Hagedorn notes Obama and Clinton’s flip to support mercenaries beginning in 2009, and their use of them to extend the occupation of Iraq in 2011 while “ending” it. Hillary Clinton, she writes, also pushed shipping companies to hire mercenaries to fend off pirates. The United Nations, too, is using mercenaries. The U.S. border with Mexico is being armed with mercenaries. Immigrants are being handled by mercenaries. U.S. police are being trained by mercenaries (with horrible results).
But Hagedorn is big on patriotism and the supposed democratic public institution of war (which would never survive a Ludlow Amendment creating a public vote on wars). When she called war an inherently public operation on Wednesday, Prince ignored any hint that private war creates more wars and simply pointed to the long history of mercenaries and to examples of other operations that have been privatized.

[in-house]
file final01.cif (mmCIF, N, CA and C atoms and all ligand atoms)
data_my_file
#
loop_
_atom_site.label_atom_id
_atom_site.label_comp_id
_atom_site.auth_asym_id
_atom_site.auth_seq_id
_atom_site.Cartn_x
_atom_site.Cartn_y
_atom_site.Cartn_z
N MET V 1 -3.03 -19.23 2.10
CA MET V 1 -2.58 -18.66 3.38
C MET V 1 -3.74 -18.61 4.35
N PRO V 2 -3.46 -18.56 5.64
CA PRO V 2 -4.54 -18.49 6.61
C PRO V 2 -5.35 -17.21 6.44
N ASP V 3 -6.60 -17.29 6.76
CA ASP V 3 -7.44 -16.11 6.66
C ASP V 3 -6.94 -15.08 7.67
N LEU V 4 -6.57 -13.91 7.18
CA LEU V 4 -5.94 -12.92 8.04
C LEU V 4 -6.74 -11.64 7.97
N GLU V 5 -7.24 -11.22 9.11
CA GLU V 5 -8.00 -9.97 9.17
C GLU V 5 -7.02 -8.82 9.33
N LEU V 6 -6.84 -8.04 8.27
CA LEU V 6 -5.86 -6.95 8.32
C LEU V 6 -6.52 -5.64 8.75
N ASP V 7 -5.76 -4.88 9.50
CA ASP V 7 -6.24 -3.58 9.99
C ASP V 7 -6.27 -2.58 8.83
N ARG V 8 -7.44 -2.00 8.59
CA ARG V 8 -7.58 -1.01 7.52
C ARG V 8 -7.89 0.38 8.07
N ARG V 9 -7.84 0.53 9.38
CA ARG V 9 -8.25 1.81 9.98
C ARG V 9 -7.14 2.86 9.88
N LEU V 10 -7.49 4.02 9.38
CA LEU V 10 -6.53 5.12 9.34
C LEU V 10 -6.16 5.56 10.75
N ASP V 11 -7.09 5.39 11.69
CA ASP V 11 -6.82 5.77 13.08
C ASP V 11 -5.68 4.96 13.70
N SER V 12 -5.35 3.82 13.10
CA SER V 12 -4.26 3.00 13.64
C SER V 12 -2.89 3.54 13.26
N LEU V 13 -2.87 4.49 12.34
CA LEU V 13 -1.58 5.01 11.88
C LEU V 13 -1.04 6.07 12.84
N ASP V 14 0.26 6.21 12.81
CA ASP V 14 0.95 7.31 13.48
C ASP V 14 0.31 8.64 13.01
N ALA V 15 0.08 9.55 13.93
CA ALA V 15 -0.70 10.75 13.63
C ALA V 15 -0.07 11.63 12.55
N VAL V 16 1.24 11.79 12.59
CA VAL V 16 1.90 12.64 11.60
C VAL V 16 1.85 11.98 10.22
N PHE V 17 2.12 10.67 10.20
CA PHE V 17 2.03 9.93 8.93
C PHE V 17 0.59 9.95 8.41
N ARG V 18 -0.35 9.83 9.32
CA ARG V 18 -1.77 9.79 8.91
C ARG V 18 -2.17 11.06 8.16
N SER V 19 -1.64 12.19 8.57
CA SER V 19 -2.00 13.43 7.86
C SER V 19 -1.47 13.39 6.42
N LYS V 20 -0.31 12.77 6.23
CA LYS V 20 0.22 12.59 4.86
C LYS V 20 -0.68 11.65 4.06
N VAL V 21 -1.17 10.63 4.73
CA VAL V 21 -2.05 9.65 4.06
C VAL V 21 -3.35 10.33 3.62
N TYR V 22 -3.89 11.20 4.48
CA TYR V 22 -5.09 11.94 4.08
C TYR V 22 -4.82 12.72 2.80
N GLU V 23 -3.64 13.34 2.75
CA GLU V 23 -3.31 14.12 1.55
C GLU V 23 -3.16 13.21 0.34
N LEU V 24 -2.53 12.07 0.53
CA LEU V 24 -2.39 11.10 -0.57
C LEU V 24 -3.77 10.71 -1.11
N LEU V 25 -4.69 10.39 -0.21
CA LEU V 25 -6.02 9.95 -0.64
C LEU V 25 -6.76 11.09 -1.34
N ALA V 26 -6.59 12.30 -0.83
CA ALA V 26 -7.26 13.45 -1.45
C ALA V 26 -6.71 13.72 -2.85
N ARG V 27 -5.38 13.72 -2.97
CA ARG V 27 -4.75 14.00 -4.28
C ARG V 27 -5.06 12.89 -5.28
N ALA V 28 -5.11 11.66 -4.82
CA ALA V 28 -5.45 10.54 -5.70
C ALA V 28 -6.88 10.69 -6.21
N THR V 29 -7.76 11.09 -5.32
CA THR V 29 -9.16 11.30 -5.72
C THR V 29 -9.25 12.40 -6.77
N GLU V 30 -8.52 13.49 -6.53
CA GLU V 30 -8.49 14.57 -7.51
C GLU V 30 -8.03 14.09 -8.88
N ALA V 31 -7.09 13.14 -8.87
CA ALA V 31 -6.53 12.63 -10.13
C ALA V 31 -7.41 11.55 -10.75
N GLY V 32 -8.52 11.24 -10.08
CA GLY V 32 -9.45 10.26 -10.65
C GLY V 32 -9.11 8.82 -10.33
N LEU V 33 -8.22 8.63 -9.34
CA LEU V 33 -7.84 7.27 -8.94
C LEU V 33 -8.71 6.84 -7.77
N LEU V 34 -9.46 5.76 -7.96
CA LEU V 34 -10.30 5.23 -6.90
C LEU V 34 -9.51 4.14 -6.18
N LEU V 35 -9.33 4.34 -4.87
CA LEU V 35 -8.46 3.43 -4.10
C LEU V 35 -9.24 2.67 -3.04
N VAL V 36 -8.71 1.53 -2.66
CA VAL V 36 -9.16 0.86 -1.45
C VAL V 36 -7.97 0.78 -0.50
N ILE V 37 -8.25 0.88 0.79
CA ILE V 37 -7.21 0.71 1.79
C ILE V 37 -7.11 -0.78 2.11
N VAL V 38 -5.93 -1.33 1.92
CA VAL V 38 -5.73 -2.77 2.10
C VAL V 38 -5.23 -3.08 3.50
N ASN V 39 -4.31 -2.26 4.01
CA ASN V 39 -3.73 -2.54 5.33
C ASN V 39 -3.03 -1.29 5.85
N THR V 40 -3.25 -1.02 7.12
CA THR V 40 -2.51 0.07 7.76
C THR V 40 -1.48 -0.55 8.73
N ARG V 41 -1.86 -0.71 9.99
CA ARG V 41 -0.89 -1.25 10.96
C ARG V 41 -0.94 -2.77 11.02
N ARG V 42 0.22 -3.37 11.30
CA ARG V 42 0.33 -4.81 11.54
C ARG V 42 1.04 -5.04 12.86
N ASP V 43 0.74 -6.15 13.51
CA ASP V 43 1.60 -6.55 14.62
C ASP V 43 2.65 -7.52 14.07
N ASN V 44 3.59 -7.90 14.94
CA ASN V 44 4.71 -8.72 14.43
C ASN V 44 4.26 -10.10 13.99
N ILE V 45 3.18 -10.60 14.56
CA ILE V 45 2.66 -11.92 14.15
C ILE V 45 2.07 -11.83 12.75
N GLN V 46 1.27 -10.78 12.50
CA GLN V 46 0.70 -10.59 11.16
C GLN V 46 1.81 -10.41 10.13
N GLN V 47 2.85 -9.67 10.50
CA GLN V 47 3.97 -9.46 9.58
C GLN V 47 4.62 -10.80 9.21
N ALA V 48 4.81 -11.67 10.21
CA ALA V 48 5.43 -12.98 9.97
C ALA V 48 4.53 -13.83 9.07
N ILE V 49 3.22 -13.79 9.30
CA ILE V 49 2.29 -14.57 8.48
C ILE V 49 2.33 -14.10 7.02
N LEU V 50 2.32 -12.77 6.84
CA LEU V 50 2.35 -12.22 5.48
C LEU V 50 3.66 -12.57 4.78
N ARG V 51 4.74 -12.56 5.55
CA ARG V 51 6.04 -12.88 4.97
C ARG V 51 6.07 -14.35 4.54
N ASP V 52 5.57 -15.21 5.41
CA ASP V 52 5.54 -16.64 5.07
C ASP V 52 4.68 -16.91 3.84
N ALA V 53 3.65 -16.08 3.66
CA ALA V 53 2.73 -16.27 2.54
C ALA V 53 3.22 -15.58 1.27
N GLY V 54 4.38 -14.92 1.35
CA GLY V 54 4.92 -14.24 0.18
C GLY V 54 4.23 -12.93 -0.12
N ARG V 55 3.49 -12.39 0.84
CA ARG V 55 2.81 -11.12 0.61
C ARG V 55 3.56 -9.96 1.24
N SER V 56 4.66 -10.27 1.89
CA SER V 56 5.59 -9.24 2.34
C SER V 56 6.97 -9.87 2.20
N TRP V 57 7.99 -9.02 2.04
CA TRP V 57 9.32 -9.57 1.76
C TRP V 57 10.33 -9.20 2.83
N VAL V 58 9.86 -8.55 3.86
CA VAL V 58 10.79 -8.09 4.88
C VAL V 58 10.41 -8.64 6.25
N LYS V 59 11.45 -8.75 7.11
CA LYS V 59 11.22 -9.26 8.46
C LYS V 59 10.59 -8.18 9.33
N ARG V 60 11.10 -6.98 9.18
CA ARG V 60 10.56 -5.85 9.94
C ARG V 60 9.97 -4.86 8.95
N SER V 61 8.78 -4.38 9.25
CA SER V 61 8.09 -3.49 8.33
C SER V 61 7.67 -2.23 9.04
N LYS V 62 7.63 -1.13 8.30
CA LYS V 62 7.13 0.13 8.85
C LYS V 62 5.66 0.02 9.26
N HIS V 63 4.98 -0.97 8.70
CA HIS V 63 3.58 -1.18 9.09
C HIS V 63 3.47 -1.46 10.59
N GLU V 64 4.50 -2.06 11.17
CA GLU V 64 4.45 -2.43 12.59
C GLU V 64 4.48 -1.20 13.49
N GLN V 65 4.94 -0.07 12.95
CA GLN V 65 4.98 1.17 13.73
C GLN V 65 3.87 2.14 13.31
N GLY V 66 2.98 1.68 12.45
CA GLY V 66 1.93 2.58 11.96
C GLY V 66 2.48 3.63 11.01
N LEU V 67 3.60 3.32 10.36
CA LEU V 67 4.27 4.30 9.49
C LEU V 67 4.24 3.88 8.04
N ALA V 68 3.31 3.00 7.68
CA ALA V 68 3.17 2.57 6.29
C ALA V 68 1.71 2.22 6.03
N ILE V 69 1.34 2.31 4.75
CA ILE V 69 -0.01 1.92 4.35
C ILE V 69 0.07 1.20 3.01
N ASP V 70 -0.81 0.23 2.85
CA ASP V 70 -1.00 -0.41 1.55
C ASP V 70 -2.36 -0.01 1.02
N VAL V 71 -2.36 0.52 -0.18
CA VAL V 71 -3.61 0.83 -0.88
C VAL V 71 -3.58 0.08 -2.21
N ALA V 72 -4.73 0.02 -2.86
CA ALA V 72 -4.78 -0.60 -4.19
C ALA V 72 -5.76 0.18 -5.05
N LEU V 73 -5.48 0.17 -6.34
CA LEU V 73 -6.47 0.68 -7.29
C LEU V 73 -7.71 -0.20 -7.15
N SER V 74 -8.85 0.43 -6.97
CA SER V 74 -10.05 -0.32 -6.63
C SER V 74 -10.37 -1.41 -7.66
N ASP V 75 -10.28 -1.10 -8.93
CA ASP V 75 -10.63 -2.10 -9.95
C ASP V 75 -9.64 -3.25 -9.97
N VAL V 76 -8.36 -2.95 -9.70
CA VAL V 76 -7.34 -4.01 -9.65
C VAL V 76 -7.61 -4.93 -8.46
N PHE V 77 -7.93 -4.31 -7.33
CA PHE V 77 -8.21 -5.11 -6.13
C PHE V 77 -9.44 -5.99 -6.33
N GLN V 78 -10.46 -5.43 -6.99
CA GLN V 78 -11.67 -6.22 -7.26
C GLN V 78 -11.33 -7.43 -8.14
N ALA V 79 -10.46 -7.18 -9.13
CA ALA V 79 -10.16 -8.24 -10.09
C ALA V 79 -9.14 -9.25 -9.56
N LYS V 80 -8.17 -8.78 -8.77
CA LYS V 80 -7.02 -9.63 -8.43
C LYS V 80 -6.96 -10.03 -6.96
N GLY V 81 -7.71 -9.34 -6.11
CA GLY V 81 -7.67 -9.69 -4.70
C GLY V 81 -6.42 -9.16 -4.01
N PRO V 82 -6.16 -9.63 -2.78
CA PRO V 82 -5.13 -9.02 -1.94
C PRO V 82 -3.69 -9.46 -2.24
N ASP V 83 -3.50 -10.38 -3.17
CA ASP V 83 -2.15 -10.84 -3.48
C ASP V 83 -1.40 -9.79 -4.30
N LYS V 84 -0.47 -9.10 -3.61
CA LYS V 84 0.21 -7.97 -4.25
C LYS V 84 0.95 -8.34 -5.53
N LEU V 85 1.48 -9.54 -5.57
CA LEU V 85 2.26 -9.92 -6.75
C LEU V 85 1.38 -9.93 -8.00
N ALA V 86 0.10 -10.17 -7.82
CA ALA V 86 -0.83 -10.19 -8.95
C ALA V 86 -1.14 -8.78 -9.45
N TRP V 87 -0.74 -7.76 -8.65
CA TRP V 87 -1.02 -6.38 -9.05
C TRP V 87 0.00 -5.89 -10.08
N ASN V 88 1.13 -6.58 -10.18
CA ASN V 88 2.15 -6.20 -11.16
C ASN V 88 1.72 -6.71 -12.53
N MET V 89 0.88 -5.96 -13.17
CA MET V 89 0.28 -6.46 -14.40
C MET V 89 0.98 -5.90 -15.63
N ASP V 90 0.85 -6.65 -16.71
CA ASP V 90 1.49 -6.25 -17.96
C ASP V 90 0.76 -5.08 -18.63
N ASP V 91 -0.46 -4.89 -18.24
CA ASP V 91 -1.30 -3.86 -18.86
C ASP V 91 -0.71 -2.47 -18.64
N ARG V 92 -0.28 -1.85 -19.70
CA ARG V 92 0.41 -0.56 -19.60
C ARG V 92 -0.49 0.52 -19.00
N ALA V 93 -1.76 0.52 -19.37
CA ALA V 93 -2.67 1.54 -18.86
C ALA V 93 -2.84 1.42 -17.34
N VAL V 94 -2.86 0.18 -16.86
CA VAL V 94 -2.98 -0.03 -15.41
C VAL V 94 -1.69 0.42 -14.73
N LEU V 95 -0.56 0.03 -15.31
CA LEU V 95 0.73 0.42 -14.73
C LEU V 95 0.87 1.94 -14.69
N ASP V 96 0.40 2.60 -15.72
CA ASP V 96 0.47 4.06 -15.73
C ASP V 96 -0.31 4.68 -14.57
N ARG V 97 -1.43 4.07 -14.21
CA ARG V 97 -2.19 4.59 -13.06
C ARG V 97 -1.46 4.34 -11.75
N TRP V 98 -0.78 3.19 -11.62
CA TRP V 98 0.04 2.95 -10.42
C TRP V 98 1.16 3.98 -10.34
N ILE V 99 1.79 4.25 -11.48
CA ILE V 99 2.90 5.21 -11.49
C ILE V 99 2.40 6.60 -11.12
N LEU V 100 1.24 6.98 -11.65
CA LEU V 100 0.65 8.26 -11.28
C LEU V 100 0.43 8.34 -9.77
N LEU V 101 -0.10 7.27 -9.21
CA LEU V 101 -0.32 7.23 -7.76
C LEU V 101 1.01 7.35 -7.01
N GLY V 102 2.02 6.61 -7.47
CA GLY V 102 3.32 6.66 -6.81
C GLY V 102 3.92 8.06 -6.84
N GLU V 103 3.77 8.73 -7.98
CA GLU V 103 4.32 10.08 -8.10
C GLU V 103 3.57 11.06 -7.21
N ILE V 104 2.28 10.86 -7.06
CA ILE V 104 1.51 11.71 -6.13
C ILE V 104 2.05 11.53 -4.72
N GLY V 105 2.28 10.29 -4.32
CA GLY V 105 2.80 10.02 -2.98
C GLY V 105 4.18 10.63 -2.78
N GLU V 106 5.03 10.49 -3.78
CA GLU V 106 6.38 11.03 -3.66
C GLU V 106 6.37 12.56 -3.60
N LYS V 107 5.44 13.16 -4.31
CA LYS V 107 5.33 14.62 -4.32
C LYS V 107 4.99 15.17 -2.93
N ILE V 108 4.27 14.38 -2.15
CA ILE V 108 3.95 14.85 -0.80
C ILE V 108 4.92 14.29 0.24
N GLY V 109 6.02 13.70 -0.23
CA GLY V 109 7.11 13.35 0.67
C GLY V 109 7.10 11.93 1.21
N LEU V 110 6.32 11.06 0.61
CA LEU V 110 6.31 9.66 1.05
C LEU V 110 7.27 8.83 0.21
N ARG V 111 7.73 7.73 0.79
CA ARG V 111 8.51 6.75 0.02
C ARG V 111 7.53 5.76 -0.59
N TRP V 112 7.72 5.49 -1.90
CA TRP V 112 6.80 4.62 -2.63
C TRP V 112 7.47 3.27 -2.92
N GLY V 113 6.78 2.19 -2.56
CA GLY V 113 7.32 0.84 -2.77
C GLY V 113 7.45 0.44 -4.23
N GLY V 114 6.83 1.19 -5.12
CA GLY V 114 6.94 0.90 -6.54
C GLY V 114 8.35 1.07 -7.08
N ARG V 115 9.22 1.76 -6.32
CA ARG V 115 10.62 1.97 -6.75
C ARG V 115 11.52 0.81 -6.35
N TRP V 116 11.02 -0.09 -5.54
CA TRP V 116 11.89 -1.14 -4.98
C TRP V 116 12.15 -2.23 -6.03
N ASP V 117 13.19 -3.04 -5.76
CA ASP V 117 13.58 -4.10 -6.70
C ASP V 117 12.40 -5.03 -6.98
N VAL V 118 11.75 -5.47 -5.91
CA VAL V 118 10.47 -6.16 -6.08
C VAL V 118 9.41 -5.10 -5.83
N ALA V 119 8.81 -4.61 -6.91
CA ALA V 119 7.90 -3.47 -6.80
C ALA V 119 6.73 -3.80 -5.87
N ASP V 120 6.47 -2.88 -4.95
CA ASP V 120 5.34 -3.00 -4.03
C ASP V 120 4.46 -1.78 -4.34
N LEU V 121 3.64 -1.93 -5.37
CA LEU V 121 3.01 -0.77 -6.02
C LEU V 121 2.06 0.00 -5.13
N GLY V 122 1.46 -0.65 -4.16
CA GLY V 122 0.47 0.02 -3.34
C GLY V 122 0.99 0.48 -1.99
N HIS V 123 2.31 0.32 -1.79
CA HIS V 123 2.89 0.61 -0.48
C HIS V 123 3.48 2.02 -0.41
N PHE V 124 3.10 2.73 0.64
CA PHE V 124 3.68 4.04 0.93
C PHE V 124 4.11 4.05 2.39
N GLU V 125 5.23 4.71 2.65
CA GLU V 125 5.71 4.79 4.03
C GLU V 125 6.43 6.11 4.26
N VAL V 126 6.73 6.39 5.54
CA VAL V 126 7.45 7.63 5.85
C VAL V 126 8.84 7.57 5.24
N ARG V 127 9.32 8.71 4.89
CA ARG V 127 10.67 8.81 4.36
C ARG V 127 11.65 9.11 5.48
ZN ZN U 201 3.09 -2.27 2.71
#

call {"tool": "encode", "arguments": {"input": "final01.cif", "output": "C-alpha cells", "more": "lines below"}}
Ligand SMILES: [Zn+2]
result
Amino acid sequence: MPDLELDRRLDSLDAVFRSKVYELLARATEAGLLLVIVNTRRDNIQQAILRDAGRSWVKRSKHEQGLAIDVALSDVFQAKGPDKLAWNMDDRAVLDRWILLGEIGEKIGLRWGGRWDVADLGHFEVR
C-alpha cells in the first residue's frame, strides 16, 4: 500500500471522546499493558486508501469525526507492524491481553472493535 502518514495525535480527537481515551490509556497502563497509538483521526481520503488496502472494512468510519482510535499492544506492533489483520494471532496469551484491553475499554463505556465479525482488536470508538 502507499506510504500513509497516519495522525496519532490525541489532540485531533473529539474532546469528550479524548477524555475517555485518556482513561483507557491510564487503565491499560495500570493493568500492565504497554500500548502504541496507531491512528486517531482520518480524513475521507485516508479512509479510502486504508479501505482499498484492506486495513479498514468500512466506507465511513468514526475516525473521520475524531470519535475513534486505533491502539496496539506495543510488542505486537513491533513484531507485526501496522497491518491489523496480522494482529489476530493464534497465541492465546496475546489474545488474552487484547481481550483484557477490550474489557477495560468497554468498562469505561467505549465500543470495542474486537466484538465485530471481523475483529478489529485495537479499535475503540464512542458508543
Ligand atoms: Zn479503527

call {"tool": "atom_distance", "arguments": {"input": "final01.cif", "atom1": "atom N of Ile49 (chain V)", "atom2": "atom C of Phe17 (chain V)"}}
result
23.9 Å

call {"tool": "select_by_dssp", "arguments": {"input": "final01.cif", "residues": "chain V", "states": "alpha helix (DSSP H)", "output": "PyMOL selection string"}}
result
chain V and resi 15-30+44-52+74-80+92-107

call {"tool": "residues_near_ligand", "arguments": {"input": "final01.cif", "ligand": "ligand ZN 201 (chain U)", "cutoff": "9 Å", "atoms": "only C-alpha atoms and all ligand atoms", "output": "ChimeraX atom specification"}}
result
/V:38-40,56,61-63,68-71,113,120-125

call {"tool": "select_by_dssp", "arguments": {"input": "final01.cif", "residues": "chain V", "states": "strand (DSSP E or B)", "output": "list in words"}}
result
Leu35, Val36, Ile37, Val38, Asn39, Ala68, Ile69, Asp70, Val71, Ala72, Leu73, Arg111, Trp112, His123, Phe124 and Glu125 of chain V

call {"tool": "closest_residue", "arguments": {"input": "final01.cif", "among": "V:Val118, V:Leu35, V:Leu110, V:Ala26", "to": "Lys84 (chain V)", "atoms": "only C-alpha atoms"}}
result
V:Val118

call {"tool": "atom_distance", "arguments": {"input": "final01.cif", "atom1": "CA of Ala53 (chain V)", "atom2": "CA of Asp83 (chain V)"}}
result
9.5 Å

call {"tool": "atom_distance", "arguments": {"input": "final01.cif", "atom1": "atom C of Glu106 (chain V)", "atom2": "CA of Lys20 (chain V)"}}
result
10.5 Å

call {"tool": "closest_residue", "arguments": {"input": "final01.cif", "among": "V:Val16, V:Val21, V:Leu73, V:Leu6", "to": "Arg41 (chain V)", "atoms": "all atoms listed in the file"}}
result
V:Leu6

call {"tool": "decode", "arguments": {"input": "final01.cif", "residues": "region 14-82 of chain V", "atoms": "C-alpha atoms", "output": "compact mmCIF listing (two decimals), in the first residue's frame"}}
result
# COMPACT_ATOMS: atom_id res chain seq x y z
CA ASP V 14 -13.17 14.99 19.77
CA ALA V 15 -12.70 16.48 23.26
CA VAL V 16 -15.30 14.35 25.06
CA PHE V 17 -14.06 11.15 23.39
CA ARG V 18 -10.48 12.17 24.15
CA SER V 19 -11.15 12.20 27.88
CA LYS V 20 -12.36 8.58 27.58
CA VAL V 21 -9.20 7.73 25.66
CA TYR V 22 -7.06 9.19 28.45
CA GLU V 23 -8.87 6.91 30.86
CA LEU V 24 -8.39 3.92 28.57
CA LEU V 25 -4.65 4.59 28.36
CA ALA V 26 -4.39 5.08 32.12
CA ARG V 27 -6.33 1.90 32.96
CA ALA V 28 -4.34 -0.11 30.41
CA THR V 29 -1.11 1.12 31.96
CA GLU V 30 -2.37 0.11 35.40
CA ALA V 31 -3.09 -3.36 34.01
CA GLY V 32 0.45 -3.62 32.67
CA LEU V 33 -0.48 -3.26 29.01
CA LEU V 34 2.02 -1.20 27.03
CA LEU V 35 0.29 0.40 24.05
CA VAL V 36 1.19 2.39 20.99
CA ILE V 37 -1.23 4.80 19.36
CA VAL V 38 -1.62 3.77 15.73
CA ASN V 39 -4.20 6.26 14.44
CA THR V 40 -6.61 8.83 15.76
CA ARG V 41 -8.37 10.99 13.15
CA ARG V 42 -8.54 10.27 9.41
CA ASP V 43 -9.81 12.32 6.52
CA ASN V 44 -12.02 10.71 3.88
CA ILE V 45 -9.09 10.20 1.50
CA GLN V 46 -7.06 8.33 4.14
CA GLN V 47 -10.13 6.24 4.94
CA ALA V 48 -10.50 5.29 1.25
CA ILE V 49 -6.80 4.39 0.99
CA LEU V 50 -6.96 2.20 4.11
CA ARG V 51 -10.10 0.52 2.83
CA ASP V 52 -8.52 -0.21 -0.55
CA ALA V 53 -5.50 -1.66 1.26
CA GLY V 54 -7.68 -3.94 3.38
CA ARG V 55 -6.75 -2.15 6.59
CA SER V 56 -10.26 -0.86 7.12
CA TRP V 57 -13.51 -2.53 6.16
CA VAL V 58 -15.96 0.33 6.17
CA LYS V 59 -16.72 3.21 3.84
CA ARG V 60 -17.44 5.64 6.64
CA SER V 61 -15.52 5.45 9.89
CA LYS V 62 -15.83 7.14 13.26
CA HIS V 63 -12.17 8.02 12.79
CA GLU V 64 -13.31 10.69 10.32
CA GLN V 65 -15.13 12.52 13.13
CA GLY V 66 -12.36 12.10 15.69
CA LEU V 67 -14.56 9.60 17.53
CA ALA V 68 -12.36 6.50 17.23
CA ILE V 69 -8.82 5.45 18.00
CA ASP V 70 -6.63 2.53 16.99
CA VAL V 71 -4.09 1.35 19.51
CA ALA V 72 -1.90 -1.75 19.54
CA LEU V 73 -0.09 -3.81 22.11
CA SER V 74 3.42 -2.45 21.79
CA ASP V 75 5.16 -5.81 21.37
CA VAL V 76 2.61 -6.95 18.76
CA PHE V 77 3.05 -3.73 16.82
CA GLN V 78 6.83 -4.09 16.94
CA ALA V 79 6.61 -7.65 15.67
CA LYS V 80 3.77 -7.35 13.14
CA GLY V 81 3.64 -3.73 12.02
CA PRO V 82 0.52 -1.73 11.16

Blackmon began Wednesday’s show by asking Prince about the sentencing of four of his former employees to prison on Monday. Part of Prince’s defense was that “We’ve asked for cameras. . . . The State Department denied them.” This is bizarre because he never asserted that anything other than the intentional murder of civilians would have been filmed had there been cameras. He also claimed that his killers could not get a jury of their peers among civilians 7,000 miles away. So, does he want crimes committed in Iraq to be prosecuted in Iraq then?
Hagedorn explicitly refused to discuss the details of the Nissour Square Massacre but did point out that it was the sort of thing that boosted recruitment of forces against the U.S. military/mercenaries.